The other charts comparing only QS with itself at different bit rates shows remarkable faithfulness to the original unless - typically well under 1% variation from the original.
    I don't know about everyone else, but the vast majority of my recoding is backing up my Blu-Rays to a hard drive and I find that almost all of the discs are AVC encoded. At that, Quick Sync does a very good job of maintaining quality at bit rates as low as 3Mb/sec. Most of my files average around 5 Mb/sec and at that rate the faithfulness demonstrated in the article shows about .997 to 1.
    Occasionally I compare original Blu-rays to recoded versions using my twin 24" Dell monitors. Unless I use a ridiculously low bit rate - like CRF25+ I find it very difficult to find any visual variation or flaws in my recoded versions. This is both using BD Rebuilder - 2 pass and Handbrake QSV with similar size recoded files.
    Not trying to start an argument here but I was truly shocked at how well Handbrake QS recodes compared to previous software programs I had tried - Splash Pro and Media Espresso.
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  13. No argument required here..... I was just offering my take on the article. It didn't seem to provide all the relevant information to me. I'd be more than happy to use a faster encoder if it matched x264 for quality at similar bitrates. When I upgrade this PC (very soon) I'll definitely give QuickSync a test drive.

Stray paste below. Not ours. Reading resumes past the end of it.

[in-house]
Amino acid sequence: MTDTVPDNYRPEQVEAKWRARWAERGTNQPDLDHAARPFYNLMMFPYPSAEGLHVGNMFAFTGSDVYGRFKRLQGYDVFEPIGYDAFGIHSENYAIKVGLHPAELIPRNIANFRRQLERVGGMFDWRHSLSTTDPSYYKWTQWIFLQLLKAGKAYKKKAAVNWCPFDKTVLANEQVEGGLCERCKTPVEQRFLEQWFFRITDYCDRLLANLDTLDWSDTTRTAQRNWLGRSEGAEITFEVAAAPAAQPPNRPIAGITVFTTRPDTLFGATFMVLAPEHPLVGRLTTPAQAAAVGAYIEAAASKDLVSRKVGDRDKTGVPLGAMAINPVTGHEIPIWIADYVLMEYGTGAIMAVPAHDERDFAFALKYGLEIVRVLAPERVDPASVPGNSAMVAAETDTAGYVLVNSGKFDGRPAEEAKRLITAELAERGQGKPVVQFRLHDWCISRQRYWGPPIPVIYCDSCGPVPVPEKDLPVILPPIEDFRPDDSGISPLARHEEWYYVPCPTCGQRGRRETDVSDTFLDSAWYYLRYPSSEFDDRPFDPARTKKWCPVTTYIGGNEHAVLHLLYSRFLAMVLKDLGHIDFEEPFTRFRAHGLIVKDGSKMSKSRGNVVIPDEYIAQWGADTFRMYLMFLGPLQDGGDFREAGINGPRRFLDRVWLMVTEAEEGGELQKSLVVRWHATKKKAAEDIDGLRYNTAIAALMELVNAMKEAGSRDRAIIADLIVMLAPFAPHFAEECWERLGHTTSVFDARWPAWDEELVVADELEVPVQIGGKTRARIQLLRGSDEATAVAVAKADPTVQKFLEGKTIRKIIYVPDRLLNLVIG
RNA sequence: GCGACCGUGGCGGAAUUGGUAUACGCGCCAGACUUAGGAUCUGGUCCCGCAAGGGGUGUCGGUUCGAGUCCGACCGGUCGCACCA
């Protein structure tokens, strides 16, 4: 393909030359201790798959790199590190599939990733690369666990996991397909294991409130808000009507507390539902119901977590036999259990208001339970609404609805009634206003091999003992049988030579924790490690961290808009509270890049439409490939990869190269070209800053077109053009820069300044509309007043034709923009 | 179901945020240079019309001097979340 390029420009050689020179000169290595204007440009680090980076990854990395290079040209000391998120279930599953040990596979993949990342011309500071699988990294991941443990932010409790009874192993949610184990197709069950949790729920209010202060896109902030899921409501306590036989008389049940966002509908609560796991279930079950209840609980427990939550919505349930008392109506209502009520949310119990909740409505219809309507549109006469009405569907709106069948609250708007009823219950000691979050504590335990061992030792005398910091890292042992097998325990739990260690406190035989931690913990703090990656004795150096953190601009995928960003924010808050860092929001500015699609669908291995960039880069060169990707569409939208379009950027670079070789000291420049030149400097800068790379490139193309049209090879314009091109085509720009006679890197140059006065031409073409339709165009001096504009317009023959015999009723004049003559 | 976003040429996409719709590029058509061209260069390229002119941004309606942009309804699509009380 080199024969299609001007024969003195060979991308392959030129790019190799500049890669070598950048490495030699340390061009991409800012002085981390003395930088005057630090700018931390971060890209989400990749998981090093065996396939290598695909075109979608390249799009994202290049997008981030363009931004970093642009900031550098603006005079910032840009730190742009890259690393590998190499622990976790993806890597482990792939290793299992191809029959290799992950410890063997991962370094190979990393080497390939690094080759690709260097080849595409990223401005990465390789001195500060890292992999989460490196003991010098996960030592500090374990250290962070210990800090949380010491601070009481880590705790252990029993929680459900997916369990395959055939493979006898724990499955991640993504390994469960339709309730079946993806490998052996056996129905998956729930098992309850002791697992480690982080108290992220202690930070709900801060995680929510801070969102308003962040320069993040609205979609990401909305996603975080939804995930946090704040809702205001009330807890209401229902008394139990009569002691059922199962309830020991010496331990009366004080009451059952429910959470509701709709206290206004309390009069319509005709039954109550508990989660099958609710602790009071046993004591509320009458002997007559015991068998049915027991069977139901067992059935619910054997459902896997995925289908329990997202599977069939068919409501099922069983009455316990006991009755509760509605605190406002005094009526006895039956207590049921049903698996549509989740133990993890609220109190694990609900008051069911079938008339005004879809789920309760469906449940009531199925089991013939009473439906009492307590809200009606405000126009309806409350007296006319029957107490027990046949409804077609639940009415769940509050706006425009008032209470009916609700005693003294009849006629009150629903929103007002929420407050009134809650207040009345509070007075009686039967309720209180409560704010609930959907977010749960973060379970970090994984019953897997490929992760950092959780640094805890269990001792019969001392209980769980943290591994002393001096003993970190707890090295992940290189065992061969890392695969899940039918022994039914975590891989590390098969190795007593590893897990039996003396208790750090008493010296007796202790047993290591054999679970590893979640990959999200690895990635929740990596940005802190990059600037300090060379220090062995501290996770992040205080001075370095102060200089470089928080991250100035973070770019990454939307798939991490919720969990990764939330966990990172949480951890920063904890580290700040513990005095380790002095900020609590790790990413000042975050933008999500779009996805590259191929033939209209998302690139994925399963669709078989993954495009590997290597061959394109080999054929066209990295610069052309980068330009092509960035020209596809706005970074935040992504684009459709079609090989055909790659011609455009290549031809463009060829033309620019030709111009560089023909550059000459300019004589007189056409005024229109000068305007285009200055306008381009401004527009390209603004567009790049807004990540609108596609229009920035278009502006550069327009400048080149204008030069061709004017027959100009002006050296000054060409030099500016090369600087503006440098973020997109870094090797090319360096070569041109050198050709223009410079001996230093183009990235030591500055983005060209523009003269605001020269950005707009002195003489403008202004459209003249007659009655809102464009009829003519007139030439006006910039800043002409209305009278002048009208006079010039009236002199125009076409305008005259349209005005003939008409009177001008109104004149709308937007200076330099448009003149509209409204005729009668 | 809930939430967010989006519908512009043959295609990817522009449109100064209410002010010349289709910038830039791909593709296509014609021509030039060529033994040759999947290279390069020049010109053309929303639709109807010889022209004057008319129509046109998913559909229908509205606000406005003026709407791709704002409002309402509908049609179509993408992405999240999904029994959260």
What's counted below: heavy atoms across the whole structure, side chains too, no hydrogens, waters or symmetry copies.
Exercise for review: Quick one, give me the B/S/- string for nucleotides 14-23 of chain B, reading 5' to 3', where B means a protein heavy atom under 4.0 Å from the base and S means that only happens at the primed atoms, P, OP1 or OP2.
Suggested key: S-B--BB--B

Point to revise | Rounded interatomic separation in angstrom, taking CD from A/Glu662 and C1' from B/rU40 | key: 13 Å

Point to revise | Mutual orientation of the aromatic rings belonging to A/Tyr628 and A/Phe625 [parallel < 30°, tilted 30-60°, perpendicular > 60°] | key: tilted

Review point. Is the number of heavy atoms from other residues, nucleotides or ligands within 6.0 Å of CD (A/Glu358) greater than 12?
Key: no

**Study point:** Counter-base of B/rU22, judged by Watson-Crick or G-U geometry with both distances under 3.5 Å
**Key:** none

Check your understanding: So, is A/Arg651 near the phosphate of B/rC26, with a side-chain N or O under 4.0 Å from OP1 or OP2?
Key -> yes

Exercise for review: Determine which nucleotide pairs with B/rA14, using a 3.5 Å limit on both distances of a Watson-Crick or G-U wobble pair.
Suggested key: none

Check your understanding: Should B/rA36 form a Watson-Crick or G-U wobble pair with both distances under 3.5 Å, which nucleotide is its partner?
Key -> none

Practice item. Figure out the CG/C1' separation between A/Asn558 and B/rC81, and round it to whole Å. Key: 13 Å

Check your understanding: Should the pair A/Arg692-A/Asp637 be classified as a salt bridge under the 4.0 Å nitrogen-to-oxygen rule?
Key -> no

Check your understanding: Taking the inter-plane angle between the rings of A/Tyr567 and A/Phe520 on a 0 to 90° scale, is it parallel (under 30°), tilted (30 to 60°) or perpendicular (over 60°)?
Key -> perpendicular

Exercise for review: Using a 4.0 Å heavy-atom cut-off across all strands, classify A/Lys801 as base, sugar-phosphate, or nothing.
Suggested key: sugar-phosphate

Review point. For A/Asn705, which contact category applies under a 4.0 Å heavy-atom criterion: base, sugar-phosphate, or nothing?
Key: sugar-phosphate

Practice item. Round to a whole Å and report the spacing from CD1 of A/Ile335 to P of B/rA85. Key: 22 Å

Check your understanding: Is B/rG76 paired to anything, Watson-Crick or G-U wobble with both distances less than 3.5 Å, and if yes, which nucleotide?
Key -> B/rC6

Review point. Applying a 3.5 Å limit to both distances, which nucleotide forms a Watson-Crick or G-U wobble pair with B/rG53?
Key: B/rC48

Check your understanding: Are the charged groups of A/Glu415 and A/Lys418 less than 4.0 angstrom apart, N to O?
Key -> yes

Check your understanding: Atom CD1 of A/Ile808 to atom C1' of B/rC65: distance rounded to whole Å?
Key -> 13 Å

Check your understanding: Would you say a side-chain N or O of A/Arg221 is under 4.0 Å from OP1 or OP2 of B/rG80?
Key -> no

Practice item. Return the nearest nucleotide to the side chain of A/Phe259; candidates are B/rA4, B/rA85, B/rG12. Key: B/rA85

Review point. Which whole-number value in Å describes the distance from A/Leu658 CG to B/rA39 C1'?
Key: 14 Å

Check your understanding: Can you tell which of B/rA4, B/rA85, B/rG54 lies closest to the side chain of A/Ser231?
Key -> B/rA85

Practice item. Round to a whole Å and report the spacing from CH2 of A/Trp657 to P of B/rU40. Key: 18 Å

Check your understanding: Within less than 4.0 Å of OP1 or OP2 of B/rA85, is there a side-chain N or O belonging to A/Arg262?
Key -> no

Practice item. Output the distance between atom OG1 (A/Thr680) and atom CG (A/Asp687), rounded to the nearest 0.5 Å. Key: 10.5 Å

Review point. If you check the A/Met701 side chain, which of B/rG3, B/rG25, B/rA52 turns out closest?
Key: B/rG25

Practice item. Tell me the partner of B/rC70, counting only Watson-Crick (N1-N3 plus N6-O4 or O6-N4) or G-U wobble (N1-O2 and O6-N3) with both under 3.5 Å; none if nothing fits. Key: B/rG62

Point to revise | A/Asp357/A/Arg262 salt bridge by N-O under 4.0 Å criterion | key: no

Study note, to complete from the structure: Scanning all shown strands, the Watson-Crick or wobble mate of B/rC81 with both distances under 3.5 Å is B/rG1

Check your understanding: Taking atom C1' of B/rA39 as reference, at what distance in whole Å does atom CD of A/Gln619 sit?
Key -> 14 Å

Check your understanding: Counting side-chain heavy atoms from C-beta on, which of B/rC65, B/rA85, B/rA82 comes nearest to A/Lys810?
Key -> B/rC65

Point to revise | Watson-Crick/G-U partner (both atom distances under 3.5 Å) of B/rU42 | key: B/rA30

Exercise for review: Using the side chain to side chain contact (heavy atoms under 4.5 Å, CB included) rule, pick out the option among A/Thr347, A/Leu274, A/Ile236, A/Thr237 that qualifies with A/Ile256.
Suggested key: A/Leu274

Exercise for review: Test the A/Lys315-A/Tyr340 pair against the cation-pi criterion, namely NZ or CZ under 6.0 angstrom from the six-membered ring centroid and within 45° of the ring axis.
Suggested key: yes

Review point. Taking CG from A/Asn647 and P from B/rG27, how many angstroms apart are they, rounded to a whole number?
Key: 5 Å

Although even assuming Quicksync is particularly clever, I find mostly when I encode video I apply some sort of filtering, even if it's just a little noise removal, and that's always via an Avisynth script, which would probably put a bit of a dent in my QuickSync usage..... but I will give it a spin.
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  14. Member
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    Originally Posted by hello_hello View Post
    No argument required here..... I was just offering my take on the article. It didn't seem to provide all the relevant information to me. I'd be more than happy to use a faster encoder if it matched x264 for quality at similar bitrates. When I upgrade this PC (very soon) I'll definitely give QuickSync a test drive.

    Although even assuming Quicksync is particularly clever, I find mostly when I encode video I apply some sort of filtering, even if it's just a little noise removal, and that's always via an Avisynth script, which would probably put a bit of a dent in my QuickSync usage..... but I will give it a spin.
    Yes, Noise and film grain does play havoc with efficient recoding. I'm frequently amazed at the small finished file size of digital animation features I've recoded, no doubt due to the absence of noise/film grain.
    Haven't played with any pre-processing filters yet but maybe I should give it a try.